Claimant’s Memorandum of Law in Opposition 7
In this claim, claimant seeks damages for personal injuries resulting from an
incident which occurred on December 2, 2002, at Cayuga Correctional Facility,
where claimant was then incarcerated. On that date, claimant was preparing to
perform his daily task of transferring hot coffee from a 10-gallon urn to a
5-gallon urn, when the top of the larger urn came loose, causing the hot coffee
to come spilling out. When the coffee began to spill, claimant ran, but slipped
and the coffee landed on him, causing serious burns to his lower extremities.
Defendant now moves for summary judgment dismissing the claim, contending that
the State has not breached any duty to the claimant, and that his injuries were
caused solely by his own negligence or carelessness in pouring the coffee.
It is well settled that summary judgment is the procedural equivalent of a
trial (Andre v Pomeroy, 35 NY2d 361) and should be granted only when it
has been established that there is no triable issue (Moskowitz v Garlock,
23 AD2d 943). The role of the Court, therefore, on a motion for summary
judgment is not to resolve material issues of fact, but instead is to determine
whether any such issues exist (Sillman v Twentieth Century-Fox Film
Corp., 3 NY2d 395). If such material issues of fact exist, the motion for
summary judgment must be denied (Rotuba Extruders v Ceppos, 46 NY2d 223).
The proponent of a summary judgment motion, in this case the defendant, must
make a prima facie showing of entitlement to judgment as a matter of law,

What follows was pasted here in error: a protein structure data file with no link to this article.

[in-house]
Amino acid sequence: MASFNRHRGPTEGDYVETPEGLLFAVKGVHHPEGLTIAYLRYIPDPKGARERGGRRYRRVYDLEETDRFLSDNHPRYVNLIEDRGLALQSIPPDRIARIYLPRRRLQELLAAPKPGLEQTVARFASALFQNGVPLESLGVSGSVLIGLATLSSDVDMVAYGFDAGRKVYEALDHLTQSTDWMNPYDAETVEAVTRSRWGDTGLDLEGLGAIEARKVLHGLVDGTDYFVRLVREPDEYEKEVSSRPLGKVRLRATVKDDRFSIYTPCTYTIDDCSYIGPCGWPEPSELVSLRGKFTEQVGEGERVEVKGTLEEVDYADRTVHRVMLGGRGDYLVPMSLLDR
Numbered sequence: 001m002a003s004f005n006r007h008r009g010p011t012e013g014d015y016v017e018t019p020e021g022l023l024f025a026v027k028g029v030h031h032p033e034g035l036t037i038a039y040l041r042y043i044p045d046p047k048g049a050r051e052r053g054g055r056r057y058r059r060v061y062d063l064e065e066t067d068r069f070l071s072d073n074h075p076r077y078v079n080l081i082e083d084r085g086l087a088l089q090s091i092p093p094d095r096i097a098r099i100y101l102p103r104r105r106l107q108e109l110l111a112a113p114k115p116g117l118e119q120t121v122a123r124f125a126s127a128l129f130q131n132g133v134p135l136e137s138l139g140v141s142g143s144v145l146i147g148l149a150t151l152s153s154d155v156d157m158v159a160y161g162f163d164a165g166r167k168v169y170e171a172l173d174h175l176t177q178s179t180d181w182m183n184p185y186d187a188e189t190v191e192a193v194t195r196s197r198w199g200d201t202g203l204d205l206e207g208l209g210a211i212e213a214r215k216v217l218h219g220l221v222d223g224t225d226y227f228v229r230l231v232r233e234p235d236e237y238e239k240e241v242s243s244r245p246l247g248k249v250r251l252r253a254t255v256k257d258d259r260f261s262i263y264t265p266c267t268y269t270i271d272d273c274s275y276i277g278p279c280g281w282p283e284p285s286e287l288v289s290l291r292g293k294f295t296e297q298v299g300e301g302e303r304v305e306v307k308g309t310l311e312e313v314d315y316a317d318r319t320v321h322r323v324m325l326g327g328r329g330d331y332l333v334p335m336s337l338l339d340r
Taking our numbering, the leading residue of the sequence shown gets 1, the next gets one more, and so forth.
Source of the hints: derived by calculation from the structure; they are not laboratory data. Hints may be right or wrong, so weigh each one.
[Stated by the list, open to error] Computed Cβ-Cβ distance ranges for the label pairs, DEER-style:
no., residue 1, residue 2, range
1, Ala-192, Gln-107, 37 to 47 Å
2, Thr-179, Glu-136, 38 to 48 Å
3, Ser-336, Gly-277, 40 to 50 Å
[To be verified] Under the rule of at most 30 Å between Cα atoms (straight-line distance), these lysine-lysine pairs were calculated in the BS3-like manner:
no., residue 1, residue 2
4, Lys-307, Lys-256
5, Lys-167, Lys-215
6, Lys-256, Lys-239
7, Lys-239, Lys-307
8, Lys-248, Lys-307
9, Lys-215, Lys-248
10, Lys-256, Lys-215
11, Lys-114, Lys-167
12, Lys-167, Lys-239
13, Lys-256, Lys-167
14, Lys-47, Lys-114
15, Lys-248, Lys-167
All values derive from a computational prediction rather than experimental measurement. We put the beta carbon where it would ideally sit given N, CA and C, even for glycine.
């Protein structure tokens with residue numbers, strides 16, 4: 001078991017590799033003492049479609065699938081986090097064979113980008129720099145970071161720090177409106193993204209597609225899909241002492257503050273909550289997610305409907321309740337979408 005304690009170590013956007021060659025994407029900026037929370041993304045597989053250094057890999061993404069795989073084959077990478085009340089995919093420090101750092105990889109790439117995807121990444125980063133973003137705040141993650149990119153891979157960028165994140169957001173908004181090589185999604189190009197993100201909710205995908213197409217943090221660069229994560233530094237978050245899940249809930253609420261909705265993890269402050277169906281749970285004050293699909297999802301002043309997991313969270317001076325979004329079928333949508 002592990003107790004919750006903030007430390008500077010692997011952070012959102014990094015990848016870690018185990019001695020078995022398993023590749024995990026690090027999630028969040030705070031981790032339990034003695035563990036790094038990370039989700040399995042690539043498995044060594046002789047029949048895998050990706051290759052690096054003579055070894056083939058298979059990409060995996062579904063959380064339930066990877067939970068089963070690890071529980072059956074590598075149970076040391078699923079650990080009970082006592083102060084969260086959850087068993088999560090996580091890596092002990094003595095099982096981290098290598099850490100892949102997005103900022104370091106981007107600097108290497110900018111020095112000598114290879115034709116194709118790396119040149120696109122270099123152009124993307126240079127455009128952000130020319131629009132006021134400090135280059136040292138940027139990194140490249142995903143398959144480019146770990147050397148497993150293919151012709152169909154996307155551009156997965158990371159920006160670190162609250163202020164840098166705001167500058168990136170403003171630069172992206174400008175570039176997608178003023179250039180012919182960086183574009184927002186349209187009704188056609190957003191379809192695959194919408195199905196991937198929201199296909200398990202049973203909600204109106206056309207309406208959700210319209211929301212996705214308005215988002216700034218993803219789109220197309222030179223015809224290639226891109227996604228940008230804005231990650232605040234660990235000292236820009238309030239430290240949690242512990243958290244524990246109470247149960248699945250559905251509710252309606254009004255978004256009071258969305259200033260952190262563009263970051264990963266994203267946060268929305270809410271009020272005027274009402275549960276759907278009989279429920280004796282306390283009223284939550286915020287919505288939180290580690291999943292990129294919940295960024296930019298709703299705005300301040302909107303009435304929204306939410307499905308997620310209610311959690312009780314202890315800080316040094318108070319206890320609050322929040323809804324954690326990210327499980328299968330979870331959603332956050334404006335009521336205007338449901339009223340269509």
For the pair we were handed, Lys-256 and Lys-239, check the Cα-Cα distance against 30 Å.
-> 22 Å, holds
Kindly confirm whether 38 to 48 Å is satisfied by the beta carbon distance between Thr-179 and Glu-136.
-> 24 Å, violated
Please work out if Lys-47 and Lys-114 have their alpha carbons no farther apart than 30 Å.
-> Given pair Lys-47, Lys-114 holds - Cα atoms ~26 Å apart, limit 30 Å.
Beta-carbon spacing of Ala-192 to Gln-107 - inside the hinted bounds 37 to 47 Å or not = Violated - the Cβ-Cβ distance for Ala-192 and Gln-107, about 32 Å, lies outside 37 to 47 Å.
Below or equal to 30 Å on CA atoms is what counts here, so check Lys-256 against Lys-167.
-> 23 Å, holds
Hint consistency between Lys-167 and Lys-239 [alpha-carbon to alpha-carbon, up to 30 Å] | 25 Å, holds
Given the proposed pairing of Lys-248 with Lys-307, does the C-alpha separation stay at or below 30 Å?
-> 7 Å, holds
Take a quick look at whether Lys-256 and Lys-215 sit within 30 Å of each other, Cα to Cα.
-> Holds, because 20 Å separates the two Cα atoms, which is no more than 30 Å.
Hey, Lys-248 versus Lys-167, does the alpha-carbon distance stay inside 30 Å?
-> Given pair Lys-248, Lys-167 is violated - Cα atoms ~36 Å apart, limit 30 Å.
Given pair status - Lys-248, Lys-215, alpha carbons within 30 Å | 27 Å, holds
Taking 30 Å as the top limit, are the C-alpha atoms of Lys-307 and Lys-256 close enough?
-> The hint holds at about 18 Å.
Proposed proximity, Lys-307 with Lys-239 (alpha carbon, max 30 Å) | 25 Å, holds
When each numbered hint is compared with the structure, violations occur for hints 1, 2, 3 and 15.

tendering evidence sufficient to demonstrate the absence of any material issues
of fact (Winegrad v New York Univ. Med. Center, 64 NY2d 851; Zuckerman
v City of New York, 49 NY2d 557). Once the proponent of summary judgment
has made a prima facie showing, however, the burden shifts to the
opposing party to produce evidentiary proof in admissible form sufficient to
demonstrate the existence of material issues of fact which require a trial
(Zuckerman v City of New York, supra; Alvarez v Prospect
Hosp., 68 NY2d 320).
In support of its motion, defendant relies primarily on a recent Third
Department case, Spiratos v County of Chenango (28 AD3d 863), which,
apparently under similar facts, reversed a lower court and granted summary
judgment dismissing the plaintiff’s complaint.
In Spiratos, an inmate was transferring boiling water from a 1-gallon
container into a distribution container, and he suffered burns to his right
thigh when he lost his grip on the larger container containing the boiling
water. The Appellate Division, Third Department, concluded that the
defendants’ “duty to plaintiff did not extend to an accidental
dropping of a container of hot water” and plaintiff failed “to
identify a valid, existing hazardous condition which caused his
In this matter, and relying on the Spiratos decision, defendant has
submitted the affidavit of David R. Welch, Food Administrator II with the State
Department of Correctional Services. Mr. Welch is in charge of food